Nilador
I don't know why they re-list this as a different item. Search the title and you will find much cheaper price. I made the mistake of paying 2-3x higher.
Mmsa
This is very high rate philosophy as a basic to advanced level understanding of the three vehicles.
Trash
This is a text that is the source for some strands in the thread of Tibetan Buddhism. The original Sanskrit text was translated into Tibetan and it here has the benefit of a early modern commentary by a master.

The matter discussed in the text is the advanced theory and practice of Mahayana Buddhism. It is important philosophically because its author is one of the early sources of one of the Mahayana schools.

Since my Lama has me working on other things, I have put this text aside. If you are interested in Mahayana philosophy it is important. But for practice it is not much help. Get and follow the advice of a Lama if you want to follow Tibetan Buddhism. Even an advanced test like this is too densely written to be much help.
Wyameluna
This text, along with its companion volume, Distinguishing Phenomena from Their Intrinsic Nature: Maitreya's Dharmadharmatavibhanga with Commentaries by Khenpo Shenga and Ju Mipham, is one of the best resources I have found on this text. There is another recent translation, also quite good in that includes Vasubandhu's commentary. But this translation has Khenpo Shenga's "commentary" which are mostly quotes from Vasubandhu. And Mipham Rinpoche's commentary is unbelievably clear. I hope that more of these Maitreya texts come out with these helpful commentaries.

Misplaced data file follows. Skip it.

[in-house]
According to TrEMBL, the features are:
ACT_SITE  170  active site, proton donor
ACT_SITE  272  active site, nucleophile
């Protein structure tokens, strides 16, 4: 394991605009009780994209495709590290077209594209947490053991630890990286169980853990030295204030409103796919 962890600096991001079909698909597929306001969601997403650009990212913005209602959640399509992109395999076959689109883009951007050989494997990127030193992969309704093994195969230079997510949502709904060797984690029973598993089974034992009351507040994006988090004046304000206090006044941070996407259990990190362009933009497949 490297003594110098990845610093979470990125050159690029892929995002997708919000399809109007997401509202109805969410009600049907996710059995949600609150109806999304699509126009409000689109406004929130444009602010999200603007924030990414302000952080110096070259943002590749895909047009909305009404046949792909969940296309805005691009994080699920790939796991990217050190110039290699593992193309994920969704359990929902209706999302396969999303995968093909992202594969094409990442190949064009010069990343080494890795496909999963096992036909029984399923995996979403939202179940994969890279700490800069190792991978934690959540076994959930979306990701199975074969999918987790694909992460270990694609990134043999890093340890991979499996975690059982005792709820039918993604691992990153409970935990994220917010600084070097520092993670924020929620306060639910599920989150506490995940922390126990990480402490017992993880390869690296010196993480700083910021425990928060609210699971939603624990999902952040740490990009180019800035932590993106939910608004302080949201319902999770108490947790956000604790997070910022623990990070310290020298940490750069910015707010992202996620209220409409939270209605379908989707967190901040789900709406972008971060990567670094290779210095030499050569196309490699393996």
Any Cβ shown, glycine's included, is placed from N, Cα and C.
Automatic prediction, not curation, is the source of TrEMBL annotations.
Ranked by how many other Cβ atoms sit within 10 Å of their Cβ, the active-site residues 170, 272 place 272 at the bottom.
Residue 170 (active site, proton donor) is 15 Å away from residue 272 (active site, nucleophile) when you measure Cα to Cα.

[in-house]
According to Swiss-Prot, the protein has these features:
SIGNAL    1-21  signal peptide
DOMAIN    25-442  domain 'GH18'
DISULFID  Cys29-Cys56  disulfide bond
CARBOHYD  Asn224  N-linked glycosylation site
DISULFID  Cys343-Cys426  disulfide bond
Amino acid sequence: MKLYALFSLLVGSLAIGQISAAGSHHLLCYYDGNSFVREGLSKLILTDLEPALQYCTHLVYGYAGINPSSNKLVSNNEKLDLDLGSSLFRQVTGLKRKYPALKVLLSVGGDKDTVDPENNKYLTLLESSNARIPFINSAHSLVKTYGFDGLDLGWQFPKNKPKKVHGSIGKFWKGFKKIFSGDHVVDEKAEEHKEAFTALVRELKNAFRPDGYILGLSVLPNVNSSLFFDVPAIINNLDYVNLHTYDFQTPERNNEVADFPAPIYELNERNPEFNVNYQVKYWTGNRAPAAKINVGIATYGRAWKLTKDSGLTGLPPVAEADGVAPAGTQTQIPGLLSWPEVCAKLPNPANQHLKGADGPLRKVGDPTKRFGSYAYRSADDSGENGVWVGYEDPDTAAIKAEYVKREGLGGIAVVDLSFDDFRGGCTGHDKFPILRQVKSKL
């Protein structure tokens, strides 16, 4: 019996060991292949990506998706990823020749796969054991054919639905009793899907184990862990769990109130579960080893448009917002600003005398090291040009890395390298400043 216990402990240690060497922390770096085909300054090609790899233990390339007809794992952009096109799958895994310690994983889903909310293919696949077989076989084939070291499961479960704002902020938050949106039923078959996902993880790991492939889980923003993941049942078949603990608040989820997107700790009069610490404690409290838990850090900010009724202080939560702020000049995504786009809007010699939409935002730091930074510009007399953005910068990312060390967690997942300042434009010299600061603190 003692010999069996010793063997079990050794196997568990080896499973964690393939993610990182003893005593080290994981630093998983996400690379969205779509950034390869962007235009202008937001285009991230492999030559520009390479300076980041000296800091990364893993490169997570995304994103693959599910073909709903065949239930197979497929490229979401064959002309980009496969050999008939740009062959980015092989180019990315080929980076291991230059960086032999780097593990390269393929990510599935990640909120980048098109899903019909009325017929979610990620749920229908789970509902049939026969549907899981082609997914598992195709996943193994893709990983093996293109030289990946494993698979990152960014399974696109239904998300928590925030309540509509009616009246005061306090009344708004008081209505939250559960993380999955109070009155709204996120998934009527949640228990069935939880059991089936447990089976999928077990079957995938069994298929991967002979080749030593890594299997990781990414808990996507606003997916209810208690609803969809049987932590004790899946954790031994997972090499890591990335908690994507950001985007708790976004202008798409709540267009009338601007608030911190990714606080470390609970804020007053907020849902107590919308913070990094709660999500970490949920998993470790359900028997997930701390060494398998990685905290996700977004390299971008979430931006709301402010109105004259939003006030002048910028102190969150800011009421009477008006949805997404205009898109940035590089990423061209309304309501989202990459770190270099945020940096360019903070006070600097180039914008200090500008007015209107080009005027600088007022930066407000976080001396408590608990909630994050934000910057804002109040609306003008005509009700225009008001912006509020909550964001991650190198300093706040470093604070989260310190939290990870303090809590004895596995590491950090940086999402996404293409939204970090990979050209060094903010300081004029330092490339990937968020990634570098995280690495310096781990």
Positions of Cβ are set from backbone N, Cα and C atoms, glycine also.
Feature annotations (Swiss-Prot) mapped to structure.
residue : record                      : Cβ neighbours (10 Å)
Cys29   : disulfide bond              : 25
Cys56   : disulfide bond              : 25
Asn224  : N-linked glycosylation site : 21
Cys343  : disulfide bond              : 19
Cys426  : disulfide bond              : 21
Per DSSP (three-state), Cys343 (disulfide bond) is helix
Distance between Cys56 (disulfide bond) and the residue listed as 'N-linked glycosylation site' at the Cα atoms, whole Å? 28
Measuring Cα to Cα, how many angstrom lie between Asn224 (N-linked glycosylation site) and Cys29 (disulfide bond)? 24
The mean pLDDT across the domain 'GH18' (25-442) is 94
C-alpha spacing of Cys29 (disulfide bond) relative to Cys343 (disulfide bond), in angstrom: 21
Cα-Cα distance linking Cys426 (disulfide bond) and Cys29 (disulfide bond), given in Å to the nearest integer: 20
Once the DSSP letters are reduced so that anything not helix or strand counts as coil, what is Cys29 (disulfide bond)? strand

SmEsH
The significance of this work is beyond measure. It's a pretty difficult read, but typically, the tougher the harvest the better the feast. I really love that this translation committee exists and is doing these works. This is a most noble service for us westerners who can't read Tibetan, Chinese, or Sanskrit.
This english translation of Madhyanta Vibhanga offers some salient points in its interpretation of the Sanskrit classic. However, I found myself bewildered by some of the English words chosen for the Sanskrit counterparts. It doesn't clarify the 'Mind Only' 'distinction' but seems to muddy the waters, as other Tibetan Tenant system proponents seem to do as well.
As a previous reviewer said in his commentary on this book, 'it is complex and requires a lama to help one practice'. I would concur that that is indeed the case with this translation of the 23 verses of the text.
A much better translation is in the book, 'A Buddhist Doctrine of Experience' by Thomas A. Kochumuttom, published by Motilal Banarsidass. Mr. Kochumuttom does an admirable job of dispelling the myth of the 'Mind Only School' that is purported to assume all object are 'all is mind'. With this book one may practice from the text as is, learn to distinguish the middle from the extremes and understand how one's mind clothes the subjects and objects that it encounters, day to day, with an appearance of what those objects are. That appearance is vijnapti, consciousness encountered and created fabrication.